In addition to hating the “bullshit” work I was doing down there,  I also didn’t get along with the supervisor.  The supervisor of that department is close to my mother, and she has made negative comments to my own mother about me (in 2015 a guy worked in her department that she couldn’t stand; we were close, and at one point she said to my own mother, “She has a boyfriend, right?  Because people are, you know, starting to talk about her and C”).  My mother was obviously outraged, but my mom is very good at keeping her personal and work lives separate, and I admire that about her.  I actually would have been upset and more embarrassed had my mom taken it upon herself to say something to that supervisor or any of the other managers.  Anyway, she made that comment about me and I just know she does not like me.  It’s understandable, because I am also indifferent about her.  I’m the kind of person where I either really like you or I’m indifferent; there was just no interaction, no quality about her that made me like her.  I may just be thinking this, but I think her indifference, probable dislike for me comes from that fact: I’m close to a lot of people around her, but unlike the rest of her staff who treat her like a mother, I just interact with her when work requires me to.  I can go the entire day without saying more than “Good morning” and “Bye, have a good evening” to her.

In May I asked the HR VP if I could adopt my full time summer hours.  She said okay.  I then asked, nervously, if there was any chance I could go back to Loans.  She said, verbatim, “I’m sorry, but with the way staffing is, that isn’t your decision to make.”  I said I knew that and that I was just asking, not demanding, but she just repeated, “It isn’t your decision to make” and walked away.  I was upset and insulted.  Why would she think I thought it was my decision to make?  I would never harbor that kind of entitlement toward a company that had done so much for me.  And on top of that, I just felt that the tone in which she spoke was completely inappropriate for a Vice President of Human Resources.  The straw that broke the camel’s back that day was when she went into the lunch room and told my manager, in front of another manager, a mortgage officer, a mortgage assistant, a teller, and a loan officer — my manager being the only relevant person in there — that I had requested full time hours, but only in Loans.  I felt that that was an inappropriate environment for such a discussion.  I quit the next day.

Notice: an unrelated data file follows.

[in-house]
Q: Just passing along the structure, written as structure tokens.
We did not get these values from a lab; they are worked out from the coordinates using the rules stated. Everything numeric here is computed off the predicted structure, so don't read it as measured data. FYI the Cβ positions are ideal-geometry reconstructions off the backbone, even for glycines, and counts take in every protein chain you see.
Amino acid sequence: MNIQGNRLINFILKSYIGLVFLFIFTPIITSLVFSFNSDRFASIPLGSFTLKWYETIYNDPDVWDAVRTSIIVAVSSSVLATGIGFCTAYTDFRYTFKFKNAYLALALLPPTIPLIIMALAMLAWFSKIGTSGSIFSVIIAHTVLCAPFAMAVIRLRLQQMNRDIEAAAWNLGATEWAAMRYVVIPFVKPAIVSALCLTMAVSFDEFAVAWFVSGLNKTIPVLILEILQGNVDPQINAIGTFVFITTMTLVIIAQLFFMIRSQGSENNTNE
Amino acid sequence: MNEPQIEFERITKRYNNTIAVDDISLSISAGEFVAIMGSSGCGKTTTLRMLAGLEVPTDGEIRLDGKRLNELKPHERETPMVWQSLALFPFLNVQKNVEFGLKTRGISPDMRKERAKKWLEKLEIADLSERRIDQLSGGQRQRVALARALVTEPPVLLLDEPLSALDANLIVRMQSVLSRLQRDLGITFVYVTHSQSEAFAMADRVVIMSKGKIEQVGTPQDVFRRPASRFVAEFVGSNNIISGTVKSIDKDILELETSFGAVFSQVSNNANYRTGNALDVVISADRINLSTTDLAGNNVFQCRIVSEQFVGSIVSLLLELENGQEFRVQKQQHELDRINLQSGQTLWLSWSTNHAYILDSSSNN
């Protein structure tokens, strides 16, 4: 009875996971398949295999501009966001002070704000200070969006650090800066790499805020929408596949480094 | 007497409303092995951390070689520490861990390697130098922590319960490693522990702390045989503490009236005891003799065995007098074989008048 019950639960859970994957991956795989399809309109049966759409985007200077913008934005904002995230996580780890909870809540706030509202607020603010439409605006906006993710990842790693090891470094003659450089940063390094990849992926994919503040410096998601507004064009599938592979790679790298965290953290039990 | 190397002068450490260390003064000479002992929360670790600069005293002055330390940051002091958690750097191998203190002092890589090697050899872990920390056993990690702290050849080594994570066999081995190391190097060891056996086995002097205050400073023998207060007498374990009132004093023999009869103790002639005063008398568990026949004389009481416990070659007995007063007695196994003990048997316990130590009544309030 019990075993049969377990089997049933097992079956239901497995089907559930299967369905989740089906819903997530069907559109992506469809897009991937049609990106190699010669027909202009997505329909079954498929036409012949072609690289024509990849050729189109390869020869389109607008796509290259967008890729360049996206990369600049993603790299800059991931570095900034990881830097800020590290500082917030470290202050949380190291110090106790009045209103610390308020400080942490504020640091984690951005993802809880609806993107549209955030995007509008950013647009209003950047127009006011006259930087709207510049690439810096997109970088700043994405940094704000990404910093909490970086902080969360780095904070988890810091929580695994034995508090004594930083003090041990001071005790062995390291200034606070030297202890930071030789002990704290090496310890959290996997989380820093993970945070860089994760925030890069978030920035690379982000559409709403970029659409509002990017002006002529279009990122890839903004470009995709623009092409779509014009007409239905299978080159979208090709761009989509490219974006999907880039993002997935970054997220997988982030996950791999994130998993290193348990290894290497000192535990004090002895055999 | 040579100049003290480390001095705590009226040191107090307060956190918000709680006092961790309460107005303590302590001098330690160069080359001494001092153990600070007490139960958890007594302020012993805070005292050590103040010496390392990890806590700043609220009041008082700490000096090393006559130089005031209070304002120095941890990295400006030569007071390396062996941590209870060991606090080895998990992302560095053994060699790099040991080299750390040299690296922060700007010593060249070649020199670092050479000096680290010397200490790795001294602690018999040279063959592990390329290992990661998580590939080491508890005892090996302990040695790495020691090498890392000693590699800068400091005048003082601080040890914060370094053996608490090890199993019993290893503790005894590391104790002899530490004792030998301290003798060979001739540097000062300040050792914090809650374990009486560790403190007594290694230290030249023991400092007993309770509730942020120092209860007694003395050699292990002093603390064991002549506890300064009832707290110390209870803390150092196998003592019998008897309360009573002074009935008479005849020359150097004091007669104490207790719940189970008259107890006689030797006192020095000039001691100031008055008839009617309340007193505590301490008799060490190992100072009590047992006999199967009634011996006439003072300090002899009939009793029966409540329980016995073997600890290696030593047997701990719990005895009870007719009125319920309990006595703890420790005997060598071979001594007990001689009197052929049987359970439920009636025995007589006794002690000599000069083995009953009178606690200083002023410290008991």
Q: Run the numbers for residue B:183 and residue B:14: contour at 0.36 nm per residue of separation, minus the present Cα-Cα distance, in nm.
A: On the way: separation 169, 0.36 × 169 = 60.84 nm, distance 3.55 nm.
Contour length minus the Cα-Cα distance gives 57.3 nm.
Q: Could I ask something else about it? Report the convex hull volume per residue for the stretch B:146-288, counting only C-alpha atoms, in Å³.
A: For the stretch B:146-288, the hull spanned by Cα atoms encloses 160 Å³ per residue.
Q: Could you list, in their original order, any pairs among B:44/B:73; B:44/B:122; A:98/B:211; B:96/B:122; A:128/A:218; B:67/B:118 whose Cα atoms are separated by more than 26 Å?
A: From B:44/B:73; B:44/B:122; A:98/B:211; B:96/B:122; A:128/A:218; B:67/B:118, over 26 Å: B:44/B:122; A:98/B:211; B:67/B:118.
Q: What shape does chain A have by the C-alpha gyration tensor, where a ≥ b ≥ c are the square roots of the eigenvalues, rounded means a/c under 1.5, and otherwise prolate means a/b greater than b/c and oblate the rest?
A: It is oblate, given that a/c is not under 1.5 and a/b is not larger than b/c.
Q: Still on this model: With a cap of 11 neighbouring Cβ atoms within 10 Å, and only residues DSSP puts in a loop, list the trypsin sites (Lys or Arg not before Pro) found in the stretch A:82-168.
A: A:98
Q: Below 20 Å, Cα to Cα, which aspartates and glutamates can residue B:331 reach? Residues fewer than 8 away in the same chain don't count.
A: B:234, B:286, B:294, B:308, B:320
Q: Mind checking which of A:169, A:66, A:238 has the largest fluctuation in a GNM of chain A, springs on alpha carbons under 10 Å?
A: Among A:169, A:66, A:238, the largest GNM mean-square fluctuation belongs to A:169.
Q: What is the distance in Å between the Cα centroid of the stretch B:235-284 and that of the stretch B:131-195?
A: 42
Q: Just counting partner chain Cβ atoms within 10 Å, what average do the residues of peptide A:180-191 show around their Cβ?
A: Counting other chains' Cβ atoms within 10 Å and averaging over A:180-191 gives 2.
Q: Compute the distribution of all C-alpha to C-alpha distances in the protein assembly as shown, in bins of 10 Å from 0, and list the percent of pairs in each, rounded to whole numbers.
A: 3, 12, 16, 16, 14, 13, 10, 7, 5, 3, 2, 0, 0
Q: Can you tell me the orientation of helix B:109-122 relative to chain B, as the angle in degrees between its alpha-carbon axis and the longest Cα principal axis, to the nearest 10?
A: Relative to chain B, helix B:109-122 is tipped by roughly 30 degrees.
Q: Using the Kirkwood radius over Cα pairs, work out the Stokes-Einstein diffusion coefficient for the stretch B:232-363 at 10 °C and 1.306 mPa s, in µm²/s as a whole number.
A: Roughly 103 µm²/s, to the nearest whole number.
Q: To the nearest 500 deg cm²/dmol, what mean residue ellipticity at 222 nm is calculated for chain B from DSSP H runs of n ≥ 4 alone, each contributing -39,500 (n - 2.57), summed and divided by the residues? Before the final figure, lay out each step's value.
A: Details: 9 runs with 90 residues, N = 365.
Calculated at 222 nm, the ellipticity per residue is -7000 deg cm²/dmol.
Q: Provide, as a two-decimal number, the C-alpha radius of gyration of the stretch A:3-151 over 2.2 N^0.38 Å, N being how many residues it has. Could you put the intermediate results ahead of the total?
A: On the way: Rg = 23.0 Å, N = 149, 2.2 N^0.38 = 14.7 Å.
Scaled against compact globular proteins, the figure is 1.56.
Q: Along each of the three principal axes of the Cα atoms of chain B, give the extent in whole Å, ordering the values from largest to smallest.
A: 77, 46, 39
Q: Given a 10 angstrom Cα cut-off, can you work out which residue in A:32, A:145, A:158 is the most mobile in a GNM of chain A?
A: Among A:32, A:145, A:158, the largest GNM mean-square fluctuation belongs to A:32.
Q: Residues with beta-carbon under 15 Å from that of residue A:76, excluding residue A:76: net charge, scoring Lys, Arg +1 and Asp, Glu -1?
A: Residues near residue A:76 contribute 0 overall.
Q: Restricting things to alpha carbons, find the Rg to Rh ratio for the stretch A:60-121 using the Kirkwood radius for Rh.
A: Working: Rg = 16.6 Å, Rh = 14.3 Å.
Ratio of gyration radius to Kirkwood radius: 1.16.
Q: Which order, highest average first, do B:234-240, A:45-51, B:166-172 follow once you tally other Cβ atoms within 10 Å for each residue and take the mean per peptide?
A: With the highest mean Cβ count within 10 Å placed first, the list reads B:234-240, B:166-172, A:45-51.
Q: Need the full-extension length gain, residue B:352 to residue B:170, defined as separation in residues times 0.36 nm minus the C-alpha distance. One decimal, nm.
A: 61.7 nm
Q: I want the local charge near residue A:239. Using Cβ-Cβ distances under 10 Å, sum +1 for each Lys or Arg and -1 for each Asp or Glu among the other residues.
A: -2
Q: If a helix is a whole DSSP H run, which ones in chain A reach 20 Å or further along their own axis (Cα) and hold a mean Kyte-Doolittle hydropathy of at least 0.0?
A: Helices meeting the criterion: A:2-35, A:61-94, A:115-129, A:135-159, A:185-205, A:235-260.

The week of my last day, the mortgage officer that was sitting in the lunch room the day the HR VP talked to my manager about my hours came to me and asked me why I was quitting.  He said, “I heard her say that you wanted more hours, and then a few days later your memo came out, saying you were leaving.  Why?”  I just shrugged at him with a grin and said I didn’t know.

In March I had acquired an internship at a local National Park Service monument.  Since quitting my job, I’ve been going there about twenty hours a week.  I really like the people with whom I work, and I enjoy the work I do there, but I’ve still really missed my old coworkers.  I’ve seen them regularly at things like Trivia Night, dinners, and just when I’ve stopped by.  I also can’t see myself getting used to the structure at the Park.  It’s the opposite of micromanaging, just as my boss said, but there’s too much freedom for me.  I don’t really ever need to be in the office except when students from contact schools are visiting; other than that, my work can be done from home.  I just choose to physically be in the office every day to make sure I get my work done.  At my old job, I worked a strict 8:00 – 4:15 day with a set lunch and no work to take home.  I knew what I was supposed to be doing every minute of the day, and if I ran out of work at the moment, I knew more would always come.  At the Park, once I’m done, I’m really done for the day.  I don’t like that feeling.  My boss at my internship entrusted me with a lot of things, and I’m extremely grateful, but I was told by the coworker whose position I’m prime to fill, that the position is classified as “Temporary,” meaning it ranges from one to five years.  Five years, especially as a maximum, will come and go quickly.  It also rubs me the wrong way a bit that I was promised a paycheck by the end of April.  It’s July and I still haven’t been paid once.  The experience there is more important to me than the money, but considering I haven’t received a paycheck in over six weeks, this is a major issue now.